I originally posted this book review on Bubsblurbs.com in late 2012, but wanted to include it here as well.
Disclosure of Material Connection: I received this book free from the author and/or publisher through the Speakeasy blogging book review network. I was not required to write a positive review. The opinions I have expressed are my own. I am disclosing this in accordance with the Federal Trade Commission’s 16 CFR,Part 255.
I’ve been writing reviws of books through Speakeasy for three or four months now, and while I have found several of the books to be interesting, I became excited about reviewing a book for the first time when I hear about Milton Brasher-Cunningham’s Keeping the Feast: Metaphors for the Meal. Cooking and eating together are great interests of mine and having it endorsed by Sara Miles, author of Take this Bread, which I found to be really inspiring, made me even more interested.
Living in Canada, it takes a while for the book for the book review to get here, so I was wondering if the anticipation would be followed by a let down. The answer to that question is a resounding no. This book is a page turner of the type John Grisham or Dan Brown might write if they were interested in writing something other than mass consumption tripe(mmmmmmmm, tasty tripe).
This is a slim volume, but don’t let it’s slight frame put you off. Having read this book once, it is a book that I will keep coming back to. It is truly a written feast. Brasher-Cunningham’s writing style makes the reader think. It also encourages the reader to take those thoughts and re-think them into their own situations. The author learned to cook on the job. The book reflects that style of learning. Does trying a new dish make you want to go home and cook it? Reading this book will make you want to practice what you read.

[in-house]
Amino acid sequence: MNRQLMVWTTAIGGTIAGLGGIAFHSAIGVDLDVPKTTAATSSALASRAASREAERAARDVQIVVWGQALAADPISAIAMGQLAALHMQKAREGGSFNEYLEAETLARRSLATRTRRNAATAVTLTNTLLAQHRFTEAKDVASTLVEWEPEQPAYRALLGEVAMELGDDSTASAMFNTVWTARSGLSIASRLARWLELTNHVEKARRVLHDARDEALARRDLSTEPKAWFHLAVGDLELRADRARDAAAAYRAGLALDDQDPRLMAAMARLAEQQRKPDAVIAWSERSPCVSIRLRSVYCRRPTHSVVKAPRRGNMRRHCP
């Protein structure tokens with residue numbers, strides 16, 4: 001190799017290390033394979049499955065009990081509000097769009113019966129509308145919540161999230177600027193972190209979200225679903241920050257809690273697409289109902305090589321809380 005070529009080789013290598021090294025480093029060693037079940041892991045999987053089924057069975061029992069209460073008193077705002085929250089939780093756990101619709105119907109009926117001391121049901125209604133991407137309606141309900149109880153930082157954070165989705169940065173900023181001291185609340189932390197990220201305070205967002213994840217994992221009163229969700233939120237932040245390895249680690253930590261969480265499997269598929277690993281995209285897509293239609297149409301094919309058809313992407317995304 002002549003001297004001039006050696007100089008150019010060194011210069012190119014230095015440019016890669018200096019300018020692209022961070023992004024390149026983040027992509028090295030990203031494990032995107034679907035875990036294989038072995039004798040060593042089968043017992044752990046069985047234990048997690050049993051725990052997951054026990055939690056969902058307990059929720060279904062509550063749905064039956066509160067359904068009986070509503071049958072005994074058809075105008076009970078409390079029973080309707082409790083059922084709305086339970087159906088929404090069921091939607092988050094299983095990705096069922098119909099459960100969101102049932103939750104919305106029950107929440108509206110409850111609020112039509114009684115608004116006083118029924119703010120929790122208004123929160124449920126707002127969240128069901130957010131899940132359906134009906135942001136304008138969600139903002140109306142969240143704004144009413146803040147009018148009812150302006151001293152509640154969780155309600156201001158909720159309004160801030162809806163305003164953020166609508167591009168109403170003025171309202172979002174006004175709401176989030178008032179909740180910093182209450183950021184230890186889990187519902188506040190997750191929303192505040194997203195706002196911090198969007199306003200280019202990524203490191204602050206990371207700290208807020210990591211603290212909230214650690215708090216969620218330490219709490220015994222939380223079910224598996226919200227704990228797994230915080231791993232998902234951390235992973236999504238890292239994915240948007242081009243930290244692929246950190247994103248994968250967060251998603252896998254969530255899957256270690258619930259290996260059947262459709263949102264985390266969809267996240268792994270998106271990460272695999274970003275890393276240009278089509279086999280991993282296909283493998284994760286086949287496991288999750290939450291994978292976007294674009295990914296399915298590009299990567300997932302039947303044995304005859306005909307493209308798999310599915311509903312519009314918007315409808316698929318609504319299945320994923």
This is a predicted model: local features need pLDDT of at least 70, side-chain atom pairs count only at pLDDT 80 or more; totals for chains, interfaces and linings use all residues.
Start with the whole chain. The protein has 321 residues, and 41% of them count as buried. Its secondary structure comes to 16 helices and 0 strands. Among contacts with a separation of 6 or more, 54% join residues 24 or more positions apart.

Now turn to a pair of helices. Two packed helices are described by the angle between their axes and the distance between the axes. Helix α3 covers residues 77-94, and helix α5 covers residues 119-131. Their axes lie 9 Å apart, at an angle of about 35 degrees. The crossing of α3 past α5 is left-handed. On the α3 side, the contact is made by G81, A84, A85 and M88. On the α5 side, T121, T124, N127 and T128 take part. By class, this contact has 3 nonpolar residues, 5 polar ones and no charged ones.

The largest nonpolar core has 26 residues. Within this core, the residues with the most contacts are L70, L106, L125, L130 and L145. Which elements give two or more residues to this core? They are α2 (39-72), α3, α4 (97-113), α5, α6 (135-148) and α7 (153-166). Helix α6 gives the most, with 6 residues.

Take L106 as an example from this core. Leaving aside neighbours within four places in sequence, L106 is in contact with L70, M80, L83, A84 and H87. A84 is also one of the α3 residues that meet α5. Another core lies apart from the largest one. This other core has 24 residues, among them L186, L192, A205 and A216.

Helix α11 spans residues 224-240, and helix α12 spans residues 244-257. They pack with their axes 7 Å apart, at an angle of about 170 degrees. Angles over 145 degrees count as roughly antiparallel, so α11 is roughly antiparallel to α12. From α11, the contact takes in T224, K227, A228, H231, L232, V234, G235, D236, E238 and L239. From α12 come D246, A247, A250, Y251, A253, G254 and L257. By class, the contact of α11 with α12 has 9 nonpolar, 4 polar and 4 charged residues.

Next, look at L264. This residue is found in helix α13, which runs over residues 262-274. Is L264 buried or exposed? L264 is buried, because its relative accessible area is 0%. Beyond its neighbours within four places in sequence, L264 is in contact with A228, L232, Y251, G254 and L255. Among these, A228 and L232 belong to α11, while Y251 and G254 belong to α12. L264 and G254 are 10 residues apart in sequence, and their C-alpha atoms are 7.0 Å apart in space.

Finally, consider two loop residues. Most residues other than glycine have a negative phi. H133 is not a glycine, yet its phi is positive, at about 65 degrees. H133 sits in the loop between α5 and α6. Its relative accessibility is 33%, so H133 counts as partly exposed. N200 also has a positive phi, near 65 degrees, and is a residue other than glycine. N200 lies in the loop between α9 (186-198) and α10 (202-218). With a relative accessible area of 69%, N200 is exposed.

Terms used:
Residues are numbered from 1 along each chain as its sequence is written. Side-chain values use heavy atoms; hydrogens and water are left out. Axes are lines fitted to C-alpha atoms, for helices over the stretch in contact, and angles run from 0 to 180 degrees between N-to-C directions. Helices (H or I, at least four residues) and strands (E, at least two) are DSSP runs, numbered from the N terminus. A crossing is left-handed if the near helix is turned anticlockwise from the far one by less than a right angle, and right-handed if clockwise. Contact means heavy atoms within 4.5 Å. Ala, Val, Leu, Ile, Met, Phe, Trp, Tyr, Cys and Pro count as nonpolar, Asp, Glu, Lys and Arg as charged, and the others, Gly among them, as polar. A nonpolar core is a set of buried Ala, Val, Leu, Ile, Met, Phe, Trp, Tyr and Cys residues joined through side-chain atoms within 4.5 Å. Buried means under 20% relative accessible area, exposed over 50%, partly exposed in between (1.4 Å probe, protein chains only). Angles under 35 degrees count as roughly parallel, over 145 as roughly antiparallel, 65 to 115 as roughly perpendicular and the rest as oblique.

One of the points that Brasher-Cunningham makes throughout is that it the same meal that we all eat when we gather for Communion. His own experiences in working and serving in different settings has driven this conviction home to him and he passes this on to his readers.
Another thing that Brasher-Cunningham brings up is the role of waiting. Waiting is an essential part of good cooking, good eating and a good Communion. Feasts tend to invlove waiting. On page 67 he makes an interesting comparison between those that come to the Church’s soup kitchen and those who are standing in line for Communion. “When we line up for our meal together, we look like a Depression-era photograph of people waiting in a soup line–and not so different from our Fifth Tuesday friends. In our sacred soup line, some stand racked with grief so fresh they have a hard time sitting in worship, some struggle with chronic pain…” and the list goes on, with the ending being that we stand in line because “we are not alone and there is enough to sustain us beyond our fears, failures, words and hunger.”
Extending the Feast
This sums up rather nicely what the Communion feast should be. Beyond that Brasher-Cunningham suggests that such communion should extend outside the Sacred Meal to all meals within our lives. Yet at that same time he never suggest that we should do that as a substitution for the meal, but rather as a continuation.
These are just a couple of the points the book makes regarding Communion, but instead of going all of them, I recommend that you get the book and dive in, much like you would with a rich stew, taking delight in the surprises and flavours that come along in the eating. For it is only in the eating that we can truly experience the Communion feast.
Brasher-Cunningham, Keeping the Feast: Metaphors for the Meal, 2012, Morehouse Publishing, 4775 Linglestown Road, Harrisburg, PA